I always fit into the "not so much" category. Actually there is another category that I really fit into which was the "hide under the bed and maybe they won't find me" category.
Life transitions have always been tricky for me.
I learned while studying choreography that dance is really all about the transitions. Stringing each movement phrase together takes artistic maturity. Transitions are important and should be given the same amount of time and attention as the grand leap or sensational spin center stage.
There are many types of transitions. Here are just a few:
- You can pause between phrases
- You can choose a traveling step to link sections of a dance
- You can add another dancer
Make sure to recognize the importance of your children or students' transitions. Have them pause and take a few deep breaths. Maybe have them skip, jump or hop to the bus or encourage them to bring a friend to class (even if the friend is an inanimate object.) If you acknowledge and create smooth transitions for your little ones you will help ease them gently and safely into new situations. (You will have less anxious, better behaved, more attentive and engaged children.)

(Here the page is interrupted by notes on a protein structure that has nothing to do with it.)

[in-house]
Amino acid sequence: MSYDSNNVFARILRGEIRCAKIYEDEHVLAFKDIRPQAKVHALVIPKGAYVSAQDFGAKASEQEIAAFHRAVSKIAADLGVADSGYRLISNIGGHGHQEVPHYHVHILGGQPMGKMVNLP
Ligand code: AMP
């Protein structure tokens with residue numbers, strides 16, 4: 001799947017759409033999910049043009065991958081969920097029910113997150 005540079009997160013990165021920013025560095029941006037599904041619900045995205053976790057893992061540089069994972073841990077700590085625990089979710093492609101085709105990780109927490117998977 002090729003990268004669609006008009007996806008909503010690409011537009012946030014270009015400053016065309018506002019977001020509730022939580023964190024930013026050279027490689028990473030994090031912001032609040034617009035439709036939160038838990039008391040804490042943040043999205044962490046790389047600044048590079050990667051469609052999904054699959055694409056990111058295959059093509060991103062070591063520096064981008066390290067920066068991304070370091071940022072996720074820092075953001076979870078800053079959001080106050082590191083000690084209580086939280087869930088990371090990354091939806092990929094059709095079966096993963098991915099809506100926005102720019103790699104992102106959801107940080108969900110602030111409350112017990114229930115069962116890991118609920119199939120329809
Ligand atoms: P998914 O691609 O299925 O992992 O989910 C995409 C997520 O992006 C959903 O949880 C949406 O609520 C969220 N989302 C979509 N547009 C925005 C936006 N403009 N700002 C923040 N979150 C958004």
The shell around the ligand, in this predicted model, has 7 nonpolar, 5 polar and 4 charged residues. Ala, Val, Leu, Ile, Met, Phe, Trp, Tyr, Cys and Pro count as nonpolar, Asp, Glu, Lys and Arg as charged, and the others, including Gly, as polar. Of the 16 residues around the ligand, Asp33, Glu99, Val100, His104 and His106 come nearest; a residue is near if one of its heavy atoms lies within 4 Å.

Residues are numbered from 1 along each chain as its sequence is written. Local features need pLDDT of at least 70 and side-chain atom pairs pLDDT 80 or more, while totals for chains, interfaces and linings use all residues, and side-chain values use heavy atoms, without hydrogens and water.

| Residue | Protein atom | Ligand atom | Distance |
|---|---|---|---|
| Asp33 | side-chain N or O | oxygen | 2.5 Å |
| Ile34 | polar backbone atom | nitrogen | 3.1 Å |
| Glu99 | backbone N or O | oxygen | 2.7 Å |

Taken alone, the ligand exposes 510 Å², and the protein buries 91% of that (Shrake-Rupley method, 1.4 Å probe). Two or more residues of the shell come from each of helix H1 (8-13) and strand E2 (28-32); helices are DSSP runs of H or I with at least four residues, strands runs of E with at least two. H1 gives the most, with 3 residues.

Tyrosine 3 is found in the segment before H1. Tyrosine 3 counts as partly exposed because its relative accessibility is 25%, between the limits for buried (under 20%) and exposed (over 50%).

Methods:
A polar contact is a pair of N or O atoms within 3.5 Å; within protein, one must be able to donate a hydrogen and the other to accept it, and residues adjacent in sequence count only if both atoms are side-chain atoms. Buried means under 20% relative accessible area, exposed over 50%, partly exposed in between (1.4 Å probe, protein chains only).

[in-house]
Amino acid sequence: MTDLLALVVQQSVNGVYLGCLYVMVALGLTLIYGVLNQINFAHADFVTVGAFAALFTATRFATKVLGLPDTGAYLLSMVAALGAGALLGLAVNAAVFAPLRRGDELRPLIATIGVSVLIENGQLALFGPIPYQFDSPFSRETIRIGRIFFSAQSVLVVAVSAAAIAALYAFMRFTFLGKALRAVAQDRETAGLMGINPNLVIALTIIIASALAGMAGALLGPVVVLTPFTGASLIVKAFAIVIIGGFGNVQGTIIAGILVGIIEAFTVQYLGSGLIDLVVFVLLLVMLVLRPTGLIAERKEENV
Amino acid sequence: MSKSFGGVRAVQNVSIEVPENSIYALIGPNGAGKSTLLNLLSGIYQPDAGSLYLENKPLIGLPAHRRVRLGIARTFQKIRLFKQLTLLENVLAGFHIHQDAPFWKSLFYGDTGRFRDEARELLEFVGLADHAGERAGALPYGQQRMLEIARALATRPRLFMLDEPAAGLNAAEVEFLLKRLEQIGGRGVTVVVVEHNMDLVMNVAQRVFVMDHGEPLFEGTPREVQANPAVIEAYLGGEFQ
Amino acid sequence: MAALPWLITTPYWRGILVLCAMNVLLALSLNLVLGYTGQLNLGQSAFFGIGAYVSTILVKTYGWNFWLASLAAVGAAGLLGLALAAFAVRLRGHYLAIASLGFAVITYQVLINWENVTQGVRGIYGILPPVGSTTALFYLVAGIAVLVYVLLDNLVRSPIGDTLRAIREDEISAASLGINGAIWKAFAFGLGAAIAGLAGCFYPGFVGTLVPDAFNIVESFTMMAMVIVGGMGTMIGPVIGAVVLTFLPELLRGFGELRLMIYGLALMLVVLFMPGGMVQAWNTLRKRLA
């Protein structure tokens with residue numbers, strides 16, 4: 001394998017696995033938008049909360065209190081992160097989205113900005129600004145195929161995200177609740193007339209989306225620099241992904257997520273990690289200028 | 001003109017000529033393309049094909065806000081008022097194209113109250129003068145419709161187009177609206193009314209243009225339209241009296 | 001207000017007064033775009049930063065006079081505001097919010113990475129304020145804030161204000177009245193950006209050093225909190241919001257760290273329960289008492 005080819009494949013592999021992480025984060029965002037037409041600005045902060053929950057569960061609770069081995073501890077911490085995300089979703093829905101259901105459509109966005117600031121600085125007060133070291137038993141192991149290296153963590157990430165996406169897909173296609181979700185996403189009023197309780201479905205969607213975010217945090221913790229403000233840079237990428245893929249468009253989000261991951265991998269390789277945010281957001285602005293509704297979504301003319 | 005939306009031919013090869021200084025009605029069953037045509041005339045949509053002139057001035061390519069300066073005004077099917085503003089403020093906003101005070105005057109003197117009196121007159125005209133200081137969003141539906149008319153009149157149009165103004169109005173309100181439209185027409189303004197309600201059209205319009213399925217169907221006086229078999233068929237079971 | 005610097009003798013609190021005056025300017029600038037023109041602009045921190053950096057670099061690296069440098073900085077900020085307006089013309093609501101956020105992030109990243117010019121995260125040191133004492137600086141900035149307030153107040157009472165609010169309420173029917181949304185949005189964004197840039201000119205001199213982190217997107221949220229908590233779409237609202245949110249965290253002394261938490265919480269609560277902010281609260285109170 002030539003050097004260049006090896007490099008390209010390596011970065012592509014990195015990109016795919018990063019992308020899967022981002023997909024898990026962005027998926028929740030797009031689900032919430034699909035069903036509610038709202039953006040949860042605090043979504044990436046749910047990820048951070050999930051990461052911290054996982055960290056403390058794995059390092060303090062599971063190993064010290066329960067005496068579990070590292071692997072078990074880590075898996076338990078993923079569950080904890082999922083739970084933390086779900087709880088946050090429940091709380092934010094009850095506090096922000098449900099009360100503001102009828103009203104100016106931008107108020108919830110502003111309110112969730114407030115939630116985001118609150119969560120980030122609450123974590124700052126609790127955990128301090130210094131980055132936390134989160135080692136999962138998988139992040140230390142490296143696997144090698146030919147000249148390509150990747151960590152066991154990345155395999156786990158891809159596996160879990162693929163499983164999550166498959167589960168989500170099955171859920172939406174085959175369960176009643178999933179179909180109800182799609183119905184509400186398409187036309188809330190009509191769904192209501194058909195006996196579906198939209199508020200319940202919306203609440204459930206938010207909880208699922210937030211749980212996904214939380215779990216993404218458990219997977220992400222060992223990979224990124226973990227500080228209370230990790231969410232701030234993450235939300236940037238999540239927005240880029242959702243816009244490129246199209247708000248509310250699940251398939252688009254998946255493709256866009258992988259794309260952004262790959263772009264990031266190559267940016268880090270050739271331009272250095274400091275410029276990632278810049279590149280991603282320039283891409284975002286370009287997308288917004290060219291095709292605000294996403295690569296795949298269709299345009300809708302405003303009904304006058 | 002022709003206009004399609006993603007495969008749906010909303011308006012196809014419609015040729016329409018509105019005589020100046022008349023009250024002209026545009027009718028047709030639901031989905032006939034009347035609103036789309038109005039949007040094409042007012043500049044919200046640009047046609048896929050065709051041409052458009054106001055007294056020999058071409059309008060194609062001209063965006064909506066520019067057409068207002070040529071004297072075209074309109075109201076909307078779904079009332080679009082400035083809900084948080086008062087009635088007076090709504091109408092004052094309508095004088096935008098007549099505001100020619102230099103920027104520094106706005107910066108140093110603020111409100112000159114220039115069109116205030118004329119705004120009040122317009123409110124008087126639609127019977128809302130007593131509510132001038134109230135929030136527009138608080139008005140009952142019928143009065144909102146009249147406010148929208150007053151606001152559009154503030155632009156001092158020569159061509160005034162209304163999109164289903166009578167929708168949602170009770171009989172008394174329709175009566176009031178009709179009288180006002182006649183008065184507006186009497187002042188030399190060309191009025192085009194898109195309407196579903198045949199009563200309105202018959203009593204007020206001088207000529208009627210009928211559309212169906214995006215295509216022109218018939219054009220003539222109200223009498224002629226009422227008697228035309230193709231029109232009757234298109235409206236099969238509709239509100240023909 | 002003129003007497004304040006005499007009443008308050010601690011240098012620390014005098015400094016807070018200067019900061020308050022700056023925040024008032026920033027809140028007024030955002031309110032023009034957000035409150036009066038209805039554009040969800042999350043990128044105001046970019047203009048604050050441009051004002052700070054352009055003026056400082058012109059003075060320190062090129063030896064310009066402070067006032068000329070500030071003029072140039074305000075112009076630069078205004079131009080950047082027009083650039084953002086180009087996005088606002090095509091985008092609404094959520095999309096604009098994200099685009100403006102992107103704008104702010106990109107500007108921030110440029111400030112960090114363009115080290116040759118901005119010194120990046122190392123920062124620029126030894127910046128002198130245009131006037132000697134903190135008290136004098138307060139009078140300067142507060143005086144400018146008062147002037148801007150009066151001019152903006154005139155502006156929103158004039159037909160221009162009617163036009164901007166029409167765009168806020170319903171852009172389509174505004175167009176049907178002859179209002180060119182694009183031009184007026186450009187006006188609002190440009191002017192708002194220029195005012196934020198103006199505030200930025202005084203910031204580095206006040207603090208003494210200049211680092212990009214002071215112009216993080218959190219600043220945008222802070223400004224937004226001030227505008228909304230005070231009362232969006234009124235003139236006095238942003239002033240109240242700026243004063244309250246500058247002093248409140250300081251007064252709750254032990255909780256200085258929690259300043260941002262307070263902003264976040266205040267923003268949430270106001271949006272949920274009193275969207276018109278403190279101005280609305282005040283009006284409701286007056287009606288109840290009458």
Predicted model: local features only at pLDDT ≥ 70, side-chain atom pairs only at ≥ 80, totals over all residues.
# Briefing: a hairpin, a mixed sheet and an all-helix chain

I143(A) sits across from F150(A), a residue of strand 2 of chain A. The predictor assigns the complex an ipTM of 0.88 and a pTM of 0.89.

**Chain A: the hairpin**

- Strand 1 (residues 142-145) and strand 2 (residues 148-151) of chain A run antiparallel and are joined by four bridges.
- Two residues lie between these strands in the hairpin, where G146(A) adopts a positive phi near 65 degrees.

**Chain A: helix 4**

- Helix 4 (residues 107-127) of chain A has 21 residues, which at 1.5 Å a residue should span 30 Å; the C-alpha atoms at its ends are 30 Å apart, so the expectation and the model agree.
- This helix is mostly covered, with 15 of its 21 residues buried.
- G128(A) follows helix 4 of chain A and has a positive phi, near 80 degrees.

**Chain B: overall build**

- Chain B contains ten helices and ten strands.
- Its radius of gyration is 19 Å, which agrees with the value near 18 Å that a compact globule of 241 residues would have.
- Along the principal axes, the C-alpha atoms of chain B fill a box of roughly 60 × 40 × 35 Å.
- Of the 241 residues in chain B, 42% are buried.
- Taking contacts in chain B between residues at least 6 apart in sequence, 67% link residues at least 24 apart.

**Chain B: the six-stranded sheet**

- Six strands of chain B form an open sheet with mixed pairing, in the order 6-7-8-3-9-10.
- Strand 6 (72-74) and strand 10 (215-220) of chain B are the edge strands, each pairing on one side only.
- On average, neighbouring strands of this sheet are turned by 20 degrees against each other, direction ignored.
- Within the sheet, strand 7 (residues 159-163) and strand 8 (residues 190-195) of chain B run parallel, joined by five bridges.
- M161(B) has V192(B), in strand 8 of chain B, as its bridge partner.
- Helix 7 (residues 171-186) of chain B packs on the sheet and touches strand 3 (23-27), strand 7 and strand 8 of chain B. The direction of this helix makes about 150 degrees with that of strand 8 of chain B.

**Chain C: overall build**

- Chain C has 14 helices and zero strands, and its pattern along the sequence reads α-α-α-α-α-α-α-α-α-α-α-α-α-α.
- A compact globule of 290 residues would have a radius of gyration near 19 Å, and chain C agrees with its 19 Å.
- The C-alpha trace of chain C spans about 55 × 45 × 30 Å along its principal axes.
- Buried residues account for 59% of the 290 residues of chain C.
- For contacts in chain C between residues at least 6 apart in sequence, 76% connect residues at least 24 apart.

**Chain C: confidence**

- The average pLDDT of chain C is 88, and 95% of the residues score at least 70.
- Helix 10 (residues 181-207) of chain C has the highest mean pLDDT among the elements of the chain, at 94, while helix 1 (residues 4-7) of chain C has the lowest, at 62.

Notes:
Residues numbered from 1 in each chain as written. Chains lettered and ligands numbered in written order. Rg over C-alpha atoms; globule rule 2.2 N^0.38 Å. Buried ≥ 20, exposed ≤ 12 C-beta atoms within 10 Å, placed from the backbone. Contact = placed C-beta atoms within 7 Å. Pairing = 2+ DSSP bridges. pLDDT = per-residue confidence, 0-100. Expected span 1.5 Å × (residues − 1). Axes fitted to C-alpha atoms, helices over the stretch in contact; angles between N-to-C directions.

When I taught dance regularly at a dance studio I made entering the space a sacred ritual. It was something to look forward to. Each child picked their own way of entering the space (skipping, twirling, crawling, etc.) Immediately they got my undivided attention. They got the attention of their classmates and they had to to attend to their bodies and movements as well.
I don't hide under my bed anymore (I can't fit under my bed) but I don't need to either. I choose the transition that best fits the experience (like pausing and taking a deep breath, adding a little extra hop to my step or bringing a friend like a soothing phrase, happy thought, or calming image.) Taking on the new experience becomes accessible and enjoyable.
Explore transitions with the little ones in your life and see if August can roll into September with ease ( it can also hop, skip, slither, etc.)